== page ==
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Naked Capitalism

New ownership technologies can also help spread the risk of making bold bets.

Dror Poleg
Dror Poleg
3 min read
Naked Capitalism

Lionel Messi became a remote worker. Physically, he moved from Barcelona to Paris, but financially, he moved from Spain to the world. The Spanish league enforces strict Financial Fair Play rules that limit how much teams can pay. These rules prevented Messi from earning the highest possible salary for his talent. The French league has similar rules, but it does not enforce them as strictly. As a result, Messi can earn much more by moving from one jurisdiction to another.

Financial Fair Play (FFP) rules were designed by the European Football Association to "help clubs break free of the vicious cycle of escalating costs that has led to a number of clubs almost falling into the financial abyss." Many of Europe's largest teams are heavily in debt. They are in debt because they spend a fortune in the hope of winning trophies (and broadcasting rights) that will bring in a bigger fortune. Most of them fail to do so.

This dynamic has always been true, but the internet and global TV rights put it on steroids. The winners win bigger prizes than ever, which means everyone is willing to take bigger risks in order to win the prize. As a result, losing money for years and going into debt are perceived as a legitimate strategy for a "healthy" club. Even in the NBA, where salary caps are stricter and affect all teams the same way, many teams lose money.

A similar dynamic is apparent in other industries — tech, in particular. The internet and globalization are making the prizes larger than ever. Securing top talent is becoming critical. And more companies (and investors) are choosing to lose money with the hope of hitting a home run that will make it all worthwhile.

The tech industry does not have a formal salary cap, but its salaries are still capped — by geography. As a result, engineers mostly compete in a local market. Local markets are smaller, and smaller markets are less competitive and offer lower pay even for the highest performers. Smaller markets put a ceiling on earnings, but they also put a floor. Many people make a nice living just because they live within commuting distance.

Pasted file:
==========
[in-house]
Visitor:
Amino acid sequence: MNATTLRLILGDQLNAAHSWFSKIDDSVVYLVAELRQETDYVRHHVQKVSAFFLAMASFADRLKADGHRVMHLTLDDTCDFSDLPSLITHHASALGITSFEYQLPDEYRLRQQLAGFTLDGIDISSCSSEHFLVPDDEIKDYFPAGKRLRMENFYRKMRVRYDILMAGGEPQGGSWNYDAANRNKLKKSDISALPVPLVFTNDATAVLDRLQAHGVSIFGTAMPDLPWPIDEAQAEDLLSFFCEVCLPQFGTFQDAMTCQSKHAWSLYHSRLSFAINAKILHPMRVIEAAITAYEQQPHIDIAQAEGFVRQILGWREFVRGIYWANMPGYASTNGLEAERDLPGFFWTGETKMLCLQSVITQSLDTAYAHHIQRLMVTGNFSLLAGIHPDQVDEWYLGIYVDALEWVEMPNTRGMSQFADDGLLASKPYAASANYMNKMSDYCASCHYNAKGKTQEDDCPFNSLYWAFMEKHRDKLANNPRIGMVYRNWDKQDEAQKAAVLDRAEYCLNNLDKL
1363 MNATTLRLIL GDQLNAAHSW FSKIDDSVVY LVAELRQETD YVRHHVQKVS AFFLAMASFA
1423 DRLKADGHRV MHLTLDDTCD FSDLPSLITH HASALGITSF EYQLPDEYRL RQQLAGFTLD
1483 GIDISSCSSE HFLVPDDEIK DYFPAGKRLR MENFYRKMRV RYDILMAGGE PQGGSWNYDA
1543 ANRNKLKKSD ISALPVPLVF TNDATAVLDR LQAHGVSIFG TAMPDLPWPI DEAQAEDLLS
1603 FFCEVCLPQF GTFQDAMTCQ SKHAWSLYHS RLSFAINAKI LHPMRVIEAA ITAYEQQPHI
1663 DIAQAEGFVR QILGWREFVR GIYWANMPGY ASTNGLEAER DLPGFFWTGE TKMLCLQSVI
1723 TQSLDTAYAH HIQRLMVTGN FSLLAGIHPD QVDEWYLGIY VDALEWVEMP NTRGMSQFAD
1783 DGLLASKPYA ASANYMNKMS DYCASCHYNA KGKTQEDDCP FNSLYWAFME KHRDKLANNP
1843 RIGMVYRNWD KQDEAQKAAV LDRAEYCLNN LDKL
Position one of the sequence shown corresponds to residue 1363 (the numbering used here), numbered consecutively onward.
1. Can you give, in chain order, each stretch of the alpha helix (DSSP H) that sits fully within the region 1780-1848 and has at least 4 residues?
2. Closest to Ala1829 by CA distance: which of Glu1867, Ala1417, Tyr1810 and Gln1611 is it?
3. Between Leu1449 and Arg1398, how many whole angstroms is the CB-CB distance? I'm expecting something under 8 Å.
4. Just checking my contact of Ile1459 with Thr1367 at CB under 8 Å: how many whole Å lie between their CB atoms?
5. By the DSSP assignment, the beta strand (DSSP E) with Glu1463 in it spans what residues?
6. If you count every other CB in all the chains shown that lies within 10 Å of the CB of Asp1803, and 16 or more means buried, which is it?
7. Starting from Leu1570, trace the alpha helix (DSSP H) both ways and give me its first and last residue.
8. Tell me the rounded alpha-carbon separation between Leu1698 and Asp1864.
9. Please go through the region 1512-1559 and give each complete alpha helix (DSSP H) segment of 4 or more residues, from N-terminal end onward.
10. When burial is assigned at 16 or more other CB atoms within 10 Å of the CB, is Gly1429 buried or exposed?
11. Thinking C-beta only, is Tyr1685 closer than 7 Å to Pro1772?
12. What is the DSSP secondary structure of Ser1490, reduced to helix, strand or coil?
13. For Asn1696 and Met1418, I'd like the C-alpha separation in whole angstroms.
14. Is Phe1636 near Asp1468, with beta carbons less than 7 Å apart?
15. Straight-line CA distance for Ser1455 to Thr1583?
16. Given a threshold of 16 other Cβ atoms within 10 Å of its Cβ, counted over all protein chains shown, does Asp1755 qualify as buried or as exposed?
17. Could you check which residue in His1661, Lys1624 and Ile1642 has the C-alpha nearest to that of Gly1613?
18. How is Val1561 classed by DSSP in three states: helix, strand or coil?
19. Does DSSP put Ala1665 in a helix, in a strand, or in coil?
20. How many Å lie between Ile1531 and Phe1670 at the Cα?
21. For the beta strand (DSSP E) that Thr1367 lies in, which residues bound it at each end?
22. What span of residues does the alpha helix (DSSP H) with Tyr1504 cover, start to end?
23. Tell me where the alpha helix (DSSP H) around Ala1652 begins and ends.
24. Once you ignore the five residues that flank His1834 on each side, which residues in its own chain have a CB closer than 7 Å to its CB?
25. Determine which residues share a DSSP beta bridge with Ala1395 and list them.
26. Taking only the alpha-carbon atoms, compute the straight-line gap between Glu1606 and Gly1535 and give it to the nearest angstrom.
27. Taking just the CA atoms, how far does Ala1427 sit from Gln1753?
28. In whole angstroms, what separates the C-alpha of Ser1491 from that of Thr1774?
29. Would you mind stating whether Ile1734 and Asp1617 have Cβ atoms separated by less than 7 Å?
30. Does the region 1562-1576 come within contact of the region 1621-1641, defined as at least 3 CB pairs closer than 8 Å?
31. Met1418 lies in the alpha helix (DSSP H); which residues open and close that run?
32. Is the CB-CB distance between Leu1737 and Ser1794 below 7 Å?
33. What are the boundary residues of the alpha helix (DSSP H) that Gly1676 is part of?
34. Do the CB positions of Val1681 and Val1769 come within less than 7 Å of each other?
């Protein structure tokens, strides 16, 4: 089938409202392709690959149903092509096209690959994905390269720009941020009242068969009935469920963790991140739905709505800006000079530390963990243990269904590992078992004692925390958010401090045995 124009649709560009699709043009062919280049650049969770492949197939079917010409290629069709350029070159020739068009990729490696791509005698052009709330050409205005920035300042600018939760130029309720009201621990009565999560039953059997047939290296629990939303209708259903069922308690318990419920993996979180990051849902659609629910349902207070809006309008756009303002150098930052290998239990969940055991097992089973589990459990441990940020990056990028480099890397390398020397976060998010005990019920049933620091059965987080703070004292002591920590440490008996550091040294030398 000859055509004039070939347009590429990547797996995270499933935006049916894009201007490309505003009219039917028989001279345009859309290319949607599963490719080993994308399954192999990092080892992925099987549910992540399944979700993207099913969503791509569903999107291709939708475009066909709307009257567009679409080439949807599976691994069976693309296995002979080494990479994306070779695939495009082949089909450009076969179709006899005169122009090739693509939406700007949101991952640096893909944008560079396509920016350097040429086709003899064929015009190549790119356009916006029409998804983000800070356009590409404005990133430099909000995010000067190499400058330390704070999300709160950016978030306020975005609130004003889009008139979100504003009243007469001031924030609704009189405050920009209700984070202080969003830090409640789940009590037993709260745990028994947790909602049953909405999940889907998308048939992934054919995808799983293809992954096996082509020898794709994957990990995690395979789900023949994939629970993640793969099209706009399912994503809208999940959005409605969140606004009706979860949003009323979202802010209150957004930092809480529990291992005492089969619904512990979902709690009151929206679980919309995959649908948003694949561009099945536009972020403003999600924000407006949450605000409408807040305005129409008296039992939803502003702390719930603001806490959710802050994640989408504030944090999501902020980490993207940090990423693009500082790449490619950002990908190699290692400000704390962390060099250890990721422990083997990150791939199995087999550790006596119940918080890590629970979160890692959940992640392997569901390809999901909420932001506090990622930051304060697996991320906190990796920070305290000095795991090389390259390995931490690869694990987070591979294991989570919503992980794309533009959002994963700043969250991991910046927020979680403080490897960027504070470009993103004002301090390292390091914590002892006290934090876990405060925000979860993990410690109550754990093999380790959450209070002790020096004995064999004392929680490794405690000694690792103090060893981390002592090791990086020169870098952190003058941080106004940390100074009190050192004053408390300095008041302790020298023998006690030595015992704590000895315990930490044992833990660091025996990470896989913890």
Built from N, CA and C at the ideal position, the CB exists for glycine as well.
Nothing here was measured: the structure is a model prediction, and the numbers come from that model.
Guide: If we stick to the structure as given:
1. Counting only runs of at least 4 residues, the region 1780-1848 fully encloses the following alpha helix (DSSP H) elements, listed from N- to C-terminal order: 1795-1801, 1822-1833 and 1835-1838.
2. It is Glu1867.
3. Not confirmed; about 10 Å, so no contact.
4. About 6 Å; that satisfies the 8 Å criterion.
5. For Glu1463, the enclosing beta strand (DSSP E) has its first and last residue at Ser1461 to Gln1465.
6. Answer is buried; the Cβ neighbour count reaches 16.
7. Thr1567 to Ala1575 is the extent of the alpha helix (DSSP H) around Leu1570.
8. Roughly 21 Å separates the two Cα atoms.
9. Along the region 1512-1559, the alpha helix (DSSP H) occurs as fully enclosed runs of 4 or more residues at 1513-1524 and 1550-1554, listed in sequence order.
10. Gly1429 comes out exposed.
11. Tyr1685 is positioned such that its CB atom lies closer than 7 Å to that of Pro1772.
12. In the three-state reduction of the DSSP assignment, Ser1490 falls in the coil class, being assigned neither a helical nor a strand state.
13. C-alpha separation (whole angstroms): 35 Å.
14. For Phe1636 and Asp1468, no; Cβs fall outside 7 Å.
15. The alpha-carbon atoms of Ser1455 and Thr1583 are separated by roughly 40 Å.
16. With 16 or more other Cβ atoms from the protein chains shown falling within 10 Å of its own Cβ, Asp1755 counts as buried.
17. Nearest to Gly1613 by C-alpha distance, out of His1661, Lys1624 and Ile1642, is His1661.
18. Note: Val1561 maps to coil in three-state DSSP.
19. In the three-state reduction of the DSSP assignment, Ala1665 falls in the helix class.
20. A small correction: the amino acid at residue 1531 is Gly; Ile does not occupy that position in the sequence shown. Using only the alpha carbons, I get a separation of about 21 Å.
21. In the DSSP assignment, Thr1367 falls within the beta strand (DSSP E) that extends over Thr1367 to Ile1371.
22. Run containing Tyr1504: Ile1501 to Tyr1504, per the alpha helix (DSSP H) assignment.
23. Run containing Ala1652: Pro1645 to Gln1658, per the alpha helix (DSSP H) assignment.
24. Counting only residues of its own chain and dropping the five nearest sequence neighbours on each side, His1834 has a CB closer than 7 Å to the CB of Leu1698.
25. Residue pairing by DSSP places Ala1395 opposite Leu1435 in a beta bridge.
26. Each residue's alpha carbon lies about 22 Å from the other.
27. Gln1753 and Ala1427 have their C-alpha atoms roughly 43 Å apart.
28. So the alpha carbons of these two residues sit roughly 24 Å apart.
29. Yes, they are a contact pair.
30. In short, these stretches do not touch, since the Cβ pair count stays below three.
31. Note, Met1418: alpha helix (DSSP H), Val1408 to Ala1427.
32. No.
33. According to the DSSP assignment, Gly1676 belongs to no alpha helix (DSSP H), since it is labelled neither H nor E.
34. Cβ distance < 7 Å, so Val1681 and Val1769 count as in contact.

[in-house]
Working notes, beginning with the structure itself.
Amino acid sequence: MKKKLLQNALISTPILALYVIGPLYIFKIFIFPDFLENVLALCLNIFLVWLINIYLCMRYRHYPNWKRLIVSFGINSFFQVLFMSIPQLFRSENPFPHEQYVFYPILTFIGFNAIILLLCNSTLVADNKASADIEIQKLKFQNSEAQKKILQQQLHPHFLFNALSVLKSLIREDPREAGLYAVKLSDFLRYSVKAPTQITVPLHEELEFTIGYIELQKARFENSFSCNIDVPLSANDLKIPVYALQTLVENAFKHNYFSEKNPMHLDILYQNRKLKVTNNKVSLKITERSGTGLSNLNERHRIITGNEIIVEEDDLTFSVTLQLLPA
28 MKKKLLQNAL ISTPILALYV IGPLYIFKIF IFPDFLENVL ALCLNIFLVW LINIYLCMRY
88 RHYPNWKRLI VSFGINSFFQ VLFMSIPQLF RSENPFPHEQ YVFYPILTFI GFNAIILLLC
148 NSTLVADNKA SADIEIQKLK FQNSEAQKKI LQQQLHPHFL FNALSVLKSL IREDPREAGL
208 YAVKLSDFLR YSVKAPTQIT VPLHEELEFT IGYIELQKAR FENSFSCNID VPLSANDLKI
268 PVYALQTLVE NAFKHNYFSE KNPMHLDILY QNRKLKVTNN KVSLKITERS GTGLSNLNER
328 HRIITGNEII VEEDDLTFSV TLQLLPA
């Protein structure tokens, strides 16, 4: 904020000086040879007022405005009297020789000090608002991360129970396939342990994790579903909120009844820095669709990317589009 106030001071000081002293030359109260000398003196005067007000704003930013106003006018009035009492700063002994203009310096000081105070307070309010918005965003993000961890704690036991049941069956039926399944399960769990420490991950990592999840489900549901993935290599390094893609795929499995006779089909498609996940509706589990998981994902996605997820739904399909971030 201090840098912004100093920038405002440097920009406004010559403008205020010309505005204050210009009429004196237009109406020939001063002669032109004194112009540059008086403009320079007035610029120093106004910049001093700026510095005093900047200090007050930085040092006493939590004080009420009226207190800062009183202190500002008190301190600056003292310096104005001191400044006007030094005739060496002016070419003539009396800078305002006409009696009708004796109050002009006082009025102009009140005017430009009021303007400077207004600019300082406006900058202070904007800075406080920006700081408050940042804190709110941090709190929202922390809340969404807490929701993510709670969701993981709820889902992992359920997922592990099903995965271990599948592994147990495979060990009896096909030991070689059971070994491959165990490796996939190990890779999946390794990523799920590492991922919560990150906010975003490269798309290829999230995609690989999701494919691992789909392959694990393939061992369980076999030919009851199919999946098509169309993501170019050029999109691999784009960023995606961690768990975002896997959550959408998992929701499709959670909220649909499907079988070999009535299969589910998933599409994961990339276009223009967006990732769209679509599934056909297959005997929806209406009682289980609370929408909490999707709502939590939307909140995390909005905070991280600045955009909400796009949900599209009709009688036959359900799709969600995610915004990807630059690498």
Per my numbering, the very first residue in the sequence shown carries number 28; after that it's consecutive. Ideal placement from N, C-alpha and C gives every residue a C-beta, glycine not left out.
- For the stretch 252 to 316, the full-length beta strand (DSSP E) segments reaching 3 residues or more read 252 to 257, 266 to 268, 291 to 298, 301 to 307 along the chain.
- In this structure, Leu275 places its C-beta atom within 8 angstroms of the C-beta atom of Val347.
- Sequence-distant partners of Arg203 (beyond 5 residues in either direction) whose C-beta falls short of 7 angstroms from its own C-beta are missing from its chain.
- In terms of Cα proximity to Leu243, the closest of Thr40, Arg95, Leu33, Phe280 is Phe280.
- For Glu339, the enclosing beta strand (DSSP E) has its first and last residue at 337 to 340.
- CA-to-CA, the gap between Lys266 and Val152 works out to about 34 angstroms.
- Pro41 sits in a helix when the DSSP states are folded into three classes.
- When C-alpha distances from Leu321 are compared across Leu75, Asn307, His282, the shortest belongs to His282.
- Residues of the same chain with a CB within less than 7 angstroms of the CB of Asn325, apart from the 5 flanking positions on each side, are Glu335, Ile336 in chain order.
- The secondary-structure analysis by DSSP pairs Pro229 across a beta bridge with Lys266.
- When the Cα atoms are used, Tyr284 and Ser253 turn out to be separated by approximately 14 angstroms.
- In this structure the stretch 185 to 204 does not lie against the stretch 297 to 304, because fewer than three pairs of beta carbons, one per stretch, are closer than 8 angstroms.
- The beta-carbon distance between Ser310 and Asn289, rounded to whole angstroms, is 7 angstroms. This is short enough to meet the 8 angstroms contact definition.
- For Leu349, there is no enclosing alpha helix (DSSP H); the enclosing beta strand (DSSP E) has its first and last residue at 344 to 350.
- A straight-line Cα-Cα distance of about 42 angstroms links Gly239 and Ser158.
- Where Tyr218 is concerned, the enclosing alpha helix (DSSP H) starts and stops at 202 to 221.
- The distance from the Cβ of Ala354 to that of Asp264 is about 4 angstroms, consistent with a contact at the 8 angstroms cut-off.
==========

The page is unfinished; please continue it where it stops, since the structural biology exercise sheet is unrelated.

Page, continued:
Many engineers are now going remote. By doing so, they leave behind Geography's salary cap. But higher salaries are no longer enough to attract the world's best talent. And on this front, soccer still has something to learn from the tech industry.  As Sequoia's Michael Moritz pointed out in a recent FT article:

"No vibrant organisation in my little world compensates valued performers in such a ham-fisted manner. Instead, they grant equity whose ultimate value is tied to the overall health of the business...

Imagine if every football club set aside about 25 per cent of its equity for player compensation, requiring that players sell their shares upon leaving the club. If Barcelona had compensated Messi with a combination of 50 per cent cash and 50 per cent equity, both he and the club would be far better off today. Two years before Messi joined the club it had revenues of $123m which, during the pre-pandemic season, had risen to more than $1bn."

Soccer players put their bodies on the line. They deserve a piece of the pie, not just a salary and bonus.

But owning a piece of the pie is not just about money; it's also about power and freedom. Earlier this week, OnlyFans announced it would "ban sexually explicit videos" from its platform, bowing to pressure from "banking partners and payout providers." The move will impact the livelihood and possibly risk the lives of thousands of adult performers who make a living on the site.

The crypto community quickly pointed out that a blockchain-based version of OnlyFans would enable all performers to own a piece of the platform, participate actively in its governance, process payments directly, and resist dictates from governments, banks, and other institutions. They're right.

New ownership technologies can also help spread the risk of making bold bets. Everyone can share some of the rewards, meaning that fewer "clubs" need to be perpetually bankrupt while society tries to figure out the best big technology or entertainment stars. The most successful inventors and performers will still earn more than everyone else, but life will be better for everyone.


Have a great weekend!